The Minerals Council of Australia (MCA) has released a Climate Action Plan (CAP), which, considering the MCA is about as greenhouse-gas-friendly as the atmosphere of Venus, is precisely as weak and vacuous as could be expected.
Last year, UK think-tank IM Influence Map included the MCA on its list of the world’s top ten opponents of the climate, ranking it alongside the Canadian Association of Petroleum Producers and describing the pair as “highly climate-oppositional groups that have had a significant impact on undermining climate action in key fossil fuel exporting countries.”
A Climate Action Plan is a laudable response to the MCA’s exposure. However, there is little to laud in the CAP itself. Indeed the CAP is so vacuous that it makes a black-hole look busier than Beijing.
Overall, the CAP invokes much of the same rhetoric is Energy and Emissions Reduction Minister Angus Taylor and his Technology Roadmap. This is to say, “The minerals industry works with manufacturing and innovation partners to invent, develop and deploy new techniques and technologies.” But these techniques and technologies don’t’ necessarily have to be clean.
The CAP sets out three core objectives:
- Enabling the potential of technology to decarbonise the minerals sector
- Increasing transparency in reporting
- Sharing of practical knowledge on climate responses.
Ideology always dresses itself in platitudes, and the MCA’s Climate Action Plan is all dressed up with nowhere to go. Of the first objective, the MCA proposes actions such as: “Enhance national and global discussions on low emissions technologies/ Define a greater role for the minerals sector / Support the development of policies and technologies to achieve least-cost abatement”. In other words, the MCA is going to facilitate a talk a bunch of hot air and lobby for policies that don’t hurt them financially. Nothing but platitudes.
Dan Gocher, Director of Climate and the Environment at the Australasian Centre for Corporate Responsibility (ACCR), challenged the MCA to articulate even just one single tangible step in its CAP. Gocher noted that any policy of real substance can’t conspicuously miss:
- A commitment around carbon pricing or any broader policies to decarbonise;
- Tangible dates and milestones for full decarbonisation, specifically beyond operations and regarding Scope 3 emissions from their products;
- Any specific detail regarding the emissions from coal mining, including fugitive methane emissions;
- Phase out of coal mining or coal-fired power;
- Abandonment of position on Kyoto carryover credits or other discounts to Nationally Determined Contributions (NDCs)
- Decarbonisation of steel production.
“After two years,” continues Gocher, “is this really the best they could come up with? There is absolutely nothing new here. This is embarrassing and woefully inadequate: the MCA can’t even commit to net zero emissions by any date…This ‘plan’ is the equivalent of a dead cat on a table – and a clear distraction from the mining industry’s cultural heritage woes.”
Gocher is alluding to the recent wilful destruction of a 46,0000-year-old heritage site at Juukan Gorge by Rio Tinto despite the expressed concerns of traditional owners.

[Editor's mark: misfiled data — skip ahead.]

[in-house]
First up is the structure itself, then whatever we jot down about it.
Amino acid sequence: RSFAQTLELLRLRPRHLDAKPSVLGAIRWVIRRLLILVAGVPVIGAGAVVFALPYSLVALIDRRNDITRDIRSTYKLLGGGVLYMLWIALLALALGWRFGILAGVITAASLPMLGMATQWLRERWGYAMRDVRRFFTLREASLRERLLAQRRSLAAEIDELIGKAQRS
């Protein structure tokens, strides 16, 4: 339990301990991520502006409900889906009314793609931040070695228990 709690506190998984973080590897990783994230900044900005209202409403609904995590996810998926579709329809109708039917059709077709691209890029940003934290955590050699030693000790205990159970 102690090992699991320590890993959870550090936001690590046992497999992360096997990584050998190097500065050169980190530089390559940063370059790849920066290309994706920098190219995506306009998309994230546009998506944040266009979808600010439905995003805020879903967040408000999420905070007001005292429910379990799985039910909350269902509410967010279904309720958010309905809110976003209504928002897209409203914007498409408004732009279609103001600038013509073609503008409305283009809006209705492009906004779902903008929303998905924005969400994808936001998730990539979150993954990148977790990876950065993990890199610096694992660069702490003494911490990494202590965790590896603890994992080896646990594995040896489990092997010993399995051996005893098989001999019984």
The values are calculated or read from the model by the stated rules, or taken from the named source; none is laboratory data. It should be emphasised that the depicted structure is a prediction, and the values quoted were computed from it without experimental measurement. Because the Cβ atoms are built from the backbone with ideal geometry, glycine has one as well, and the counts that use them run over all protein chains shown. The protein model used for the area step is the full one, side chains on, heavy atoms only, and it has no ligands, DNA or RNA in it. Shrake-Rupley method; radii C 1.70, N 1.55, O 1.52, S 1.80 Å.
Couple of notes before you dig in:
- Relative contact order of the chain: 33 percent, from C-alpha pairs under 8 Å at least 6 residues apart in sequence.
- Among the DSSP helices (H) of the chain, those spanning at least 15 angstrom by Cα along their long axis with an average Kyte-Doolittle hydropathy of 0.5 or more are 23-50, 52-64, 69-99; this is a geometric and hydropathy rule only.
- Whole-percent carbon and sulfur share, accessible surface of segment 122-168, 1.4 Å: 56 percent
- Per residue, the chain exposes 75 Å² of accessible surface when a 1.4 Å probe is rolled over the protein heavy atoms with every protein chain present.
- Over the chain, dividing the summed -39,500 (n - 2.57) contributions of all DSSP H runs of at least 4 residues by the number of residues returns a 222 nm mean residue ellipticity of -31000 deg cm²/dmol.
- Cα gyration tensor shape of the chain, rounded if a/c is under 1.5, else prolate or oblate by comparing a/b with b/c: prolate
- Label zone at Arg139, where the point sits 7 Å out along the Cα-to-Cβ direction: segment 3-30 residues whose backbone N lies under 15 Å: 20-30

Gocher says that it is time for investors in MCA member companies to say enough is enough. “This policy represents business as usual and further delays to action. Investors must call time on this farce.”
Thankfully, investors have responded to the MCA’s CAP swiftly. The Australian Financial Review reports that a group of major investors are demanding the MCA provide more information on how its members will reach net zero carbon emissions, saying the lobby group’s climate action plan was too vague. That group is the $878 billion UK giant Aberdeen Standard Investment, which questioned the MCA’s reliance on carbon capture and storage (CCS) and the MCA’s failure to include scope 3 emissions in its pledge of hot air.
Aberdeen Standard Investment was also one of the major backers of a shareholder resolution which very nearly saw BHP, MCA’s most powerful member, leave the council due to its position on climate change. The resolution was ultimately voted down but sent a strong message of growing corporate accountability.
Tania Constable, CEO of MCA, said “the MCA and its members are taking action on climate change as part of the minerals sector’s collective commitment to the Paris Agreement and its goal of net-zero emissions globally and in Australia.”
For the MCA to say that it is taking action highlights Constable’s ethical confusion. Yes, the moral philosopher will assert that inaction is action still, but doing nothing for the climate is not the same as acting on its behalf. And the real action of the MCR is to feign and dummy and provide yet another delaying tactic in a time-sensitive global crisis.
Of course, the MCA does not fail that some mine sites are investing in renewable energy, specifically, the February 2020 announcement that Rio Tinto would power its Koodaideri iron ore mine in the Pilbara with a 34 MW solar farm. Nor did the MCA fail to mention the necessity of minerals such as lithium, cobalt, copper and rare earths in renewable technologies.
Constable said that this “plan demonstrates that the minerals sector not only has the ambition to decarbonise the sector – it also has an action plan to get there.” Unfortunately, publishing the plan is about as active as the MCA looks like it is going to get any time soon.
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